GUIUAN, EASTERN SAMAR, Philippines — Miners and residents of Manicani mine of the Hinatuan Mining Corp. have called the ongoing audit of the Department of Environment and Natural Resources (DENR) "unfair and baseless” and appealed for the lifting of the suspension of its ore transport permit.

"The audit is unfair. It did not pass through the right procedure. We were audited for three hours only. They have not given us any opportunity to talk to them. We want to express our side,” HMC community relations manager Francis Malones said.

"Majority [of the residents] does not know what is happening. They [audit team] only checked our ECC (environment compliance certificate) and safety plan. The suspension was only coursed through our head office,” he added.

"We were supposed to know the results right after the audit. But we were only informed days after that,” he added.

The HMC is seeking further explanation from the DENR and the audit team and an appeal to lift the suspension.

“Nickel Asia has volunteered to appeal for a re-audit and we are ready anytime,” HMC project manage Manolito Javar said.

"We are waiting for the DENR to schedule the audit of the HMC stockpile removal operations on Manicani as soon as possible so that the loading can resume leading to the removal of an environmental hazard and the generation of much needed income for the residents,” NAC Corporate Communications vice president JB Baylon said.

On July 20, Environment Secretary Gina Lopez ordered a stop to the export of nickel ore from Manicani mine of the Hinatuan Mining Corp., an affiliate of listed Nickel Asia Corp., due to excessive soil extraction.

“The audit found out that the company was taking too much soil and is disturbing the ecology of the place. They are taking the soil out and it goes to China. We are suspending the retrieving of the stockpiles, to address the ecological balance,” she said.

'Returning stockpiles impossible'

Instead of shipping the ore to China, Lopez is proposing that the company use the nickel ore for mine restoration but HMC has insisted that that is not possible.

"Who will return it? Where will they return it? Those stockpiles are meant to be disposed. We can't put it back. In the first place, it was them who recommended us to do such activity," Malones said.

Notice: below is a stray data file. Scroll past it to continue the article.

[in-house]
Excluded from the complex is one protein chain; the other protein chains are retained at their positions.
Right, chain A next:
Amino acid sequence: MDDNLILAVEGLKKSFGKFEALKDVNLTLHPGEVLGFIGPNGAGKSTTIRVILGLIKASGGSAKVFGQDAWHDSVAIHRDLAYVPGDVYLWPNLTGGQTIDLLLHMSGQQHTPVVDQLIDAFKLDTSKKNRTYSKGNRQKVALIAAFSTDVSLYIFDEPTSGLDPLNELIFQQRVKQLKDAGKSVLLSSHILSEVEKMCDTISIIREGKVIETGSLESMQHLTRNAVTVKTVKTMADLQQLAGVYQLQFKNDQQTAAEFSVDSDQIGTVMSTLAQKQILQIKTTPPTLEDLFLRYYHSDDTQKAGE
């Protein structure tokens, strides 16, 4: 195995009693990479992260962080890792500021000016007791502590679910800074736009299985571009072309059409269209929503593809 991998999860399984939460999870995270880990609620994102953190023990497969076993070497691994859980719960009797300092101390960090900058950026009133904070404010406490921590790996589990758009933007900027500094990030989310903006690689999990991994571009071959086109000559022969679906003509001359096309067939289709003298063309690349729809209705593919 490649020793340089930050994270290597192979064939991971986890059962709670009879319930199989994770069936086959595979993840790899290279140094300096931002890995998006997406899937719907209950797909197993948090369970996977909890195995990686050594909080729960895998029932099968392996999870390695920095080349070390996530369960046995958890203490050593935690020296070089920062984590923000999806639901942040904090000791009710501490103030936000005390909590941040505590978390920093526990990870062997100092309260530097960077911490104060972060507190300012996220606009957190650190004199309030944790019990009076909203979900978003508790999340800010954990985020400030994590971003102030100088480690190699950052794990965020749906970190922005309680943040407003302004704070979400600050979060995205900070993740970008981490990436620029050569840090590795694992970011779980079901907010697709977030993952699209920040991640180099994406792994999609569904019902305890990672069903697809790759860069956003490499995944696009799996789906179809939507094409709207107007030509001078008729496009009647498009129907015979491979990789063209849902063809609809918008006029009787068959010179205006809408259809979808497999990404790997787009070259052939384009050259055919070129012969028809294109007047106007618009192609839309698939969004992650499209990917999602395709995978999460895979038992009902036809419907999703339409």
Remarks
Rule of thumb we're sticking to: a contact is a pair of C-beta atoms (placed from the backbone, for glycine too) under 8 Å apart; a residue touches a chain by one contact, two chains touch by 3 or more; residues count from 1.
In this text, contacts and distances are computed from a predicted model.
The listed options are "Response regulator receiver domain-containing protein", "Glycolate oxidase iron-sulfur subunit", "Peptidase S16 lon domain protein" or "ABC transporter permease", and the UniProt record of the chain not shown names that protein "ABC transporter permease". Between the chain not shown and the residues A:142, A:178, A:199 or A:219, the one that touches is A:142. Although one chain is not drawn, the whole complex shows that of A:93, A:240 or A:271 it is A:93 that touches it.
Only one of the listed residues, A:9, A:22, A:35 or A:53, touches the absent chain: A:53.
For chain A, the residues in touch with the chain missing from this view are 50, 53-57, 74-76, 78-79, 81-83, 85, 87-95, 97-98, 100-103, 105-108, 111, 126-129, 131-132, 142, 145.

In July 2014, the Mines and Geosciences Bureau allowed and ordered the retrieval and disposal of stockpiles, which have been present since 1994, two years after it started mining operations.

The HMC has a total of 1.4 million metric tons (MT) of stockpile and only 265,000 has been exported.

Manicani still has a mine life of 13 years and only 15 hectares of the total 1,165-hectare area have been mined. Manicani stopped mining operations after it was suspended in 1994.

Meanwhile, resident and community leader Imelda Raganas said the mine suspension has resulted in the loss of employment of close to 500 workers.

“We are appealing to the secretary for us to continue our jobs here. This is our source of income and we have nowhere to go,” she said.

The residents are also adamant on Lopez’s vow to provide employment and alternative livelihood to displaced workers of suspended mining firms that fail to meet environmental and safety standards.

“We don’t agree with that because the livelihood they are saying has no assurance.

They suggest that we get involved in fishing but that is not sustainable since there are residents from other provinces who are also entering our area,” Raganas said.

To recall, the new DENR administration called for the official audit of all operating mines and the moratorium on the approval of new mining projects.

Lopez reiterated that technical audit alone is not enough, as social, environmental, and health aspects are being considered as well.

The DENR is set to release the result of the mining audit of large and small-scale companies third week of this month.

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